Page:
Here’s a Timeline of When the Air Force Should Receive the Operational Camouflage Pattern Uniform


Written by W. L. Gore & Associates

Source: Air Force Times

The U.S. Air Force announced in May 2018 that it is adopting the Army’s Operational Camouflage Pattern for its new utility uniforms. Among other changes, lettering, patches, and insignia on the new uniforms will be spice brown. Women will benefit from 20 different sizes of the OCP and have the option of wearing the unisex version, if they prefer.

The force-wide rollout of the OCP is set to begin on October 1, and by April 1, 2021, all airmen will be expected to wear the OCP, as the current Airman Battle Uniform will be no more. The OCP will cost approximately $20 more than the current uniform, but the new coyote brown boots will cost the same.

The timeline for the rollout looks like this:
July 2018: The Air Force will release a “guidance memorandum” detailing how to wear the new uniform.

October 1, 2018: “Optional wear” of the OCP begins. Anyone who already owns the uniform may wear it.

Additionally, AAFES stores at the following bases will begin selling OCPs: Aviano Air Base in Italy, Joint Base Charleston in South Carolina, MacDill Air Force Base in Florida, and Shaw Air Force Base in South Carolina, respectively. From there, the Air Force will gradually introduce OCPs further.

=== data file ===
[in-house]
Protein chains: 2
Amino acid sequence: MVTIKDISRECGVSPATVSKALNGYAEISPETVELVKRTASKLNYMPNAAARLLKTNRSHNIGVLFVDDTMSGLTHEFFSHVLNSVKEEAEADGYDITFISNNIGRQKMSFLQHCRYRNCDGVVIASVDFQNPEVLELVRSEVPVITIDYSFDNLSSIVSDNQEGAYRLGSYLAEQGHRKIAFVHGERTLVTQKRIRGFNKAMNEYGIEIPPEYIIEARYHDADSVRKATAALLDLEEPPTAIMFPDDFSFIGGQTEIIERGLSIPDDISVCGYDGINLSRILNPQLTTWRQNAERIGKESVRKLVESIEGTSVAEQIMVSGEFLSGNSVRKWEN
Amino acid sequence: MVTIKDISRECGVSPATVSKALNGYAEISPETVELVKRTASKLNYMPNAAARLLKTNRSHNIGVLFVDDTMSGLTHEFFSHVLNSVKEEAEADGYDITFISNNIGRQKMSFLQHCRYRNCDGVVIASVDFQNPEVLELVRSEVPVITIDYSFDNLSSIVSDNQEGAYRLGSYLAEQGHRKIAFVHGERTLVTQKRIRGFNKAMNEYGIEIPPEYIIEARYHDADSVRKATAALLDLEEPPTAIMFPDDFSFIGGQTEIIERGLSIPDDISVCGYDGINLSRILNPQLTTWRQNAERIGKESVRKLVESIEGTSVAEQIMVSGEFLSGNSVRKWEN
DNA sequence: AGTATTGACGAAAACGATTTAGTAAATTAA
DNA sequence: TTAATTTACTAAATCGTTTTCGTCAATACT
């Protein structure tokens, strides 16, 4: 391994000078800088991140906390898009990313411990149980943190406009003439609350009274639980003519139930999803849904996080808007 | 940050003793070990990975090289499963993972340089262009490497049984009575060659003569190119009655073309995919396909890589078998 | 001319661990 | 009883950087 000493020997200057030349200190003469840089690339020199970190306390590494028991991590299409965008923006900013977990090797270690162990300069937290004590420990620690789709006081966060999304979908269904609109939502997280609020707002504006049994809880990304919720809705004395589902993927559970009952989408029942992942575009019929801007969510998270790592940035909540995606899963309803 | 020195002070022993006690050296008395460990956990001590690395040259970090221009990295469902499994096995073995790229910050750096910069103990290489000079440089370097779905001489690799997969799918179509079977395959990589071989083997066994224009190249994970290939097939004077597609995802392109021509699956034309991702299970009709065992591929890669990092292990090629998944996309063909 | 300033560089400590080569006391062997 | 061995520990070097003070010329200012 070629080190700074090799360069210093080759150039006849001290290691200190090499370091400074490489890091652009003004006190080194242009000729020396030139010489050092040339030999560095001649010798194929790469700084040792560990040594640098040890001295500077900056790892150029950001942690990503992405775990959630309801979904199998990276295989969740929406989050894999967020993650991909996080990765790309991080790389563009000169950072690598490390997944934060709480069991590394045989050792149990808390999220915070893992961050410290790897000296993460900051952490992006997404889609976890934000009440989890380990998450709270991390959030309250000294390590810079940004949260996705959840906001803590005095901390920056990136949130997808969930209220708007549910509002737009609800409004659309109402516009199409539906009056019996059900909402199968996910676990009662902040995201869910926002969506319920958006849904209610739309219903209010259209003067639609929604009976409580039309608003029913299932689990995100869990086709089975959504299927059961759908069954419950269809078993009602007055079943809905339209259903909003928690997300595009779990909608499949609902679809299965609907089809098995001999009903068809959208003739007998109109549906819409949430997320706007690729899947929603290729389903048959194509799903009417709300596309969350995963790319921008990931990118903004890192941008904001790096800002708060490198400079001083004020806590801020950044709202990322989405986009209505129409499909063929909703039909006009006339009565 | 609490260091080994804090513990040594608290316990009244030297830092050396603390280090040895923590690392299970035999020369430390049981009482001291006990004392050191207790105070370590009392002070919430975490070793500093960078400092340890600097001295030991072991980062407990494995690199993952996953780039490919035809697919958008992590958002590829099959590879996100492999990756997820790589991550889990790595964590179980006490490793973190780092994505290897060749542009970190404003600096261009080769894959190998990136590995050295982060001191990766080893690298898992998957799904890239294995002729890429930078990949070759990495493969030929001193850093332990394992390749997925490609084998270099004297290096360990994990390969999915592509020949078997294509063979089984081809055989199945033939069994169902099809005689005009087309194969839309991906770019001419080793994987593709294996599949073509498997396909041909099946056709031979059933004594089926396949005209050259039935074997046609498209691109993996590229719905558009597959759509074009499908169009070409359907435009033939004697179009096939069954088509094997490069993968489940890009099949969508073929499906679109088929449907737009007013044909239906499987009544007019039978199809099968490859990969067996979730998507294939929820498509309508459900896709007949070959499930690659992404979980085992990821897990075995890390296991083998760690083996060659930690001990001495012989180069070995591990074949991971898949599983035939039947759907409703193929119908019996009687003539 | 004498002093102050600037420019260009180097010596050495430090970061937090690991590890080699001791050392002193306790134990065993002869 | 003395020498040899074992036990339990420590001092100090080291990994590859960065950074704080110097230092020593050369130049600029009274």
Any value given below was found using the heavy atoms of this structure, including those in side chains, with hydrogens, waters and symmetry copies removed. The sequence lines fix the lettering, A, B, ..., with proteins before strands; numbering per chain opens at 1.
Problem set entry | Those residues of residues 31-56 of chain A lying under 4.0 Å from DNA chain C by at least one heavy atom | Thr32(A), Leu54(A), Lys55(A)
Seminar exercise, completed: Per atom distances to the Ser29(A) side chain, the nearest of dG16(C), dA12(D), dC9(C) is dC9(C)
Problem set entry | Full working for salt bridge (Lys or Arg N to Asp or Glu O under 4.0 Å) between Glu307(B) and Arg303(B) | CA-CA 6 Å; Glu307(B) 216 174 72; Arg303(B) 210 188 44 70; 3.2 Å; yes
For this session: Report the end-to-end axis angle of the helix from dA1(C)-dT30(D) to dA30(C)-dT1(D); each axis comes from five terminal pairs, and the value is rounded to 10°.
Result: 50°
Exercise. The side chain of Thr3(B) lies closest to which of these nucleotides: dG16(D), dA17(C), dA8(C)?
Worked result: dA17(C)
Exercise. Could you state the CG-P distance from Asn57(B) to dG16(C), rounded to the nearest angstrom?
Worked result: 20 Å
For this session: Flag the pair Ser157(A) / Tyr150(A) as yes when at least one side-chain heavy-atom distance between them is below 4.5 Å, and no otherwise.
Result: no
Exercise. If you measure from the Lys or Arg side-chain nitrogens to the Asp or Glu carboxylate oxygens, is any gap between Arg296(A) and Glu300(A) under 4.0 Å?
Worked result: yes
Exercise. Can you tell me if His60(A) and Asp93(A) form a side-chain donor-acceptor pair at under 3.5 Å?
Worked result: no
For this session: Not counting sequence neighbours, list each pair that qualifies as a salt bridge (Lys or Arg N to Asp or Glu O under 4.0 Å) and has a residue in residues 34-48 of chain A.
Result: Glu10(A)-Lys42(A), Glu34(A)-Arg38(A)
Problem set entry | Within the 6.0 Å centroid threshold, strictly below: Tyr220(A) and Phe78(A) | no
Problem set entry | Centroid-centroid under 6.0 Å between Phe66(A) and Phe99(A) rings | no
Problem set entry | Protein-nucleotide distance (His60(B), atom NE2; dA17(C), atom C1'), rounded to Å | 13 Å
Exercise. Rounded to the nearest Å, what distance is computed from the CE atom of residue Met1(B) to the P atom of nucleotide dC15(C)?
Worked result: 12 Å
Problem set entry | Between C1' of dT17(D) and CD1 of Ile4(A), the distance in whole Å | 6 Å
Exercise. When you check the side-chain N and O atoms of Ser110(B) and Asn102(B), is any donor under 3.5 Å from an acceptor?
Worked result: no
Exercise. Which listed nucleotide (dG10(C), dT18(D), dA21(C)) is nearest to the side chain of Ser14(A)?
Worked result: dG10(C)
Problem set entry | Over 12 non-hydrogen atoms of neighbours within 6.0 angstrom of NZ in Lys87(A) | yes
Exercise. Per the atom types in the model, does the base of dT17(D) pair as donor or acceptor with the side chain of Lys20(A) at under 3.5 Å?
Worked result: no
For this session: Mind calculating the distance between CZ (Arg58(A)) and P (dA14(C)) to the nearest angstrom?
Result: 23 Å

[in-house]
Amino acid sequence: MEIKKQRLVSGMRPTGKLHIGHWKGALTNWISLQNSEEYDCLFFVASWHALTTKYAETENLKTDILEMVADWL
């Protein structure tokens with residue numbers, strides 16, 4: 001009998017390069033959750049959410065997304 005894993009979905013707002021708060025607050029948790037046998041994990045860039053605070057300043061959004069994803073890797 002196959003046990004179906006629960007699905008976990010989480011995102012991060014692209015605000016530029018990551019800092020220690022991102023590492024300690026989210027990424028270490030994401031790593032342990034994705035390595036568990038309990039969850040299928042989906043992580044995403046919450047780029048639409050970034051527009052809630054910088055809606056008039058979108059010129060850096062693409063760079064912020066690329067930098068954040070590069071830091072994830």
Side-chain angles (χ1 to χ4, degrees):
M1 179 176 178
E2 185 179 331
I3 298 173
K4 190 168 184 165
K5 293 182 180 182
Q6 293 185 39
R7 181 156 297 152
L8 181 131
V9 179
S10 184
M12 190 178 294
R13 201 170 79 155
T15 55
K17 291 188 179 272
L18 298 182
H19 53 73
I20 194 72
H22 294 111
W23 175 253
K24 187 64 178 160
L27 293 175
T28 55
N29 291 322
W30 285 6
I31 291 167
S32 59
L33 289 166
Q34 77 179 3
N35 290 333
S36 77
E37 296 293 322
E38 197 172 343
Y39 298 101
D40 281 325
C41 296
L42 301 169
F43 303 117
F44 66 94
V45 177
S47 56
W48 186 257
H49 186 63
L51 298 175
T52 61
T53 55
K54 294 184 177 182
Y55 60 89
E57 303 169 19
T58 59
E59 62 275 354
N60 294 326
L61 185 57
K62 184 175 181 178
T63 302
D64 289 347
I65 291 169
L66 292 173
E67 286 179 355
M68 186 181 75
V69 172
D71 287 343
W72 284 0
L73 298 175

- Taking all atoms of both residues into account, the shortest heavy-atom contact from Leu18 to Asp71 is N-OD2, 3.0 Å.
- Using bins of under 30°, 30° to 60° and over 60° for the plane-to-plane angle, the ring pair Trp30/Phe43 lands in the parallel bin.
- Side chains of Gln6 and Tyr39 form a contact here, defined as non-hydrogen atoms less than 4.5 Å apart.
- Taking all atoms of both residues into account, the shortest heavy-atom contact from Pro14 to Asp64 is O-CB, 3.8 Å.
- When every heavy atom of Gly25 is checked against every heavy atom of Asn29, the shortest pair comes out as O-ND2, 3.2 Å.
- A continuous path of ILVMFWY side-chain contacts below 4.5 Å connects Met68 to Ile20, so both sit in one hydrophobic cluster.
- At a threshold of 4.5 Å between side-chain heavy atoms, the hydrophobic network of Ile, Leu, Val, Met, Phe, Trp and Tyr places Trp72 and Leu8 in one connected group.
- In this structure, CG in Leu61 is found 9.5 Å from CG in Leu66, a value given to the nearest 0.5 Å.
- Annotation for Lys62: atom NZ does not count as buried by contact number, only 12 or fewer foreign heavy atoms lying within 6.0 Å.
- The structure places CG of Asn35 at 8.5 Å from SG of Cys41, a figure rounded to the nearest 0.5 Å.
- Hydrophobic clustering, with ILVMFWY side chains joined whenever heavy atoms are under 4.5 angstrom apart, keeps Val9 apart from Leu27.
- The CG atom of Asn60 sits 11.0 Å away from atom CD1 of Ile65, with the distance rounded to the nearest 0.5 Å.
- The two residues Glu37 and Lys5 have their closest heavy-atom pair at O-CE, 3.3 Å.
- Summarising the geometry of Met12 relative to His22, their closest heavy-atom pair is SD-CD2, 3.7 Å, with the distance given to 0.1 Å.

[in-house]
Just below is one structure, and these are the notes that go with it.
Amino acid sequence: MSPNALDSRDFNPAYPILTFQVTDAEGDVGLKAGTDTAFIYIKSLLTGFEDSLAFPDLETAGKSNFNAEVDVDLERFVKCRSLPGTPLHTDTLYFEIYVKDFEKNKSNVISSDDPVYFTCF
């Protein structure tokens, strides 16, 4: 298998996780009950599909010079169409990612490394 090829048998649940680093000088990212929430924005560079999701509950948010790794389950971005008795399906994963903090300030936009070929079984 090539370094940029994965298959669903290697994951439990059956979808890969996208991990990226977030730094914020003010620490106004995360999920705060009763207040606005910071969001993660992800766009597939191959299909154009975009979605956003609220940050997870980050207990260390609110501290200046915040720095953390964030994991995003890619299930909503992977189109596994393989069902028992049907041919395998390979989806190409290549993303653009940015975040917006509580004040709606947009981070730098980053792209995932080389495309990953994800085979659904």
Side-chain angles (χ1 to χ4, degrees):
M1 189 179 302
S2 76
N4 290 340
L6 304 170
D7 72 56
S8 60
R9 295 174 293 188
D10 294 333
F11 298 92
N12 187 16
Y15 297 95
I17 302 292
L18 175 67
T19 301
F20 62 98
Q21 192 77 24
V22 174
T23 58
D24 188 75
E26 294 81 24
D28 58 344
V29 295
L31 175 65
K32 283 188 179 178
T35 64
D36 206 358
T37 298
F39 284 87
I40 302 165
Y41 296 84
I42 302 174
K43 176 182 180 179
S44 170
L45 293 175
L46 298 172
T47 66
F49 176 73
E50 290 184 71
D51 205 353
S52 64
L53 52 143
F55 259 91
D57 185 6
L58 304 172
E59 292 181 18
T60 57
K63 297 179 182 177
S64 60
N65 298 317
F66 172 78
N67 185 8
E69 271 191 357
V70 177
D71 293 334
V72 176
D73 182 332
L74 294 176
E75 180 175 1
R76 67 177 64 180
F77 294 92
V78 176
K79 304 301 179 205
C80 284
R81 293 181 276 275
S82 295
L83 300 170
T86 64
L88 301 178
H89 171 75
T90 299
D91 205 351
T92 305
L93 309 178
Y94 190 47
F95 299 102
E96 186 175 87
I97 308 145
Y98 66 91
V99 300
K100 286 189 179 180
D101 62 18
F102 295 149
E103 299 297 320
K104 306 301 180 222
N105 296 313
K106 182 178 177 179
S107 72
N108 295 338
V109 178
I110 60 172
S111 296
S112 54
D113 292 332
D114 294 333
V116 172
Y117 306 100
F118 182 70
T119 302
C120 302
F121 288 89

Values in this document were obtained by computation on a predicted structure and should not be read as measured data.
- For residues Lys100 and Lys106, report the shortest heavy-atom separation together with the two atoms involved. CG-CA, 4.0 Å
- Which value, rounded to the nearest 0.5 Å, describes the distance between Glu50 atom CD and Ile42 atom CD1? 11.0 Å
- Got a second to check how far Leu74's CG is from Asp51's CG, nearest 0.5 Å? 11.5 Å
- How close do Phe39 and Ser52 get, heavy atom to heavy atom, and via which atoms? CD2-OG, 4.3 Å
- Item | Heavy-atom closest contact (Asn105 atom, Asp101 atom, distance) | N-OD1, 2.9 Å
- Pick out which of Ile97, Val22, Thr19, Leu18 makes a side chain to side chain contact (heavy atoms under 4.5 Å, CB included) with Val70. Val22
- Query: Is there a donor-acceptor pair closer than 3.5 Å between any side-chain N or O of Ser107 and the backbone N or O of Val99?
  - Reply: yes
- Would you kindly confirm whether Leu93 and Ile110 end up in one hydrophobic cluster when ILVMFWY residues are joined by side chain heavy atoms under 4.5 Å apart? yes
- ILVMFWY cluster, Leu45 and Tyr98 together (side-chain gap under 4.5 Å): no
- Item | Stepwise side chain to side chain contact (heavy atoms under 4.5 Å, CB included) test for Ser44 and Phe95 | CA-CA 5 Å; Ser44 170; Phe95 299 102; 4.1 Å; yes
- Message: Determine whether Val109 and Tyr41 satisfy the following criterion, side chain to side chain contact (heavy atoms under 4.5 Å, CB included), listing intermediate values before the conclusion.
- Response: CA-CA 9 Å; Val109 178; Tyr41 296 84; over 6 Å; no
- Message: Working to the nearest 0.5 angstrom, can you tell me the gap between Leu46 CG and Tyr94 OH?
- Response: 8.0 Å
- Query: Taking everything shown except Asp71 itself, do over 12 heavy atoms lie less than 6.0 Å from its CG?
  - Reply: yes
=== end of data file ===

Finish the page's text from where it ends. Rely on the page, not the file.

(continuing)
April 1, 2019: More AAFES stores will carry the OCP.

October 1, 2019: New airmen currently going through basic military training, officer training school, and/or the Reserve Officer Training Corps are expected to receive their OCPs starting next October.

By this time, military instructors and leaders will begin wearing OCPs to demonstrate dress and appearance. OCPs are also expected to be available for purchase online through AAFES.

June 2020: Airmen are required to begin wearing coyote brown boots. No other boots are allowed.

April 1, 2021: This is the last deadline for over 500,000 airmen to begin wearing OCPs and retire their ABUs for good.

The switch from ABUs to OCPs is expected to cost approximately $237 million over the initial three-year rollout.

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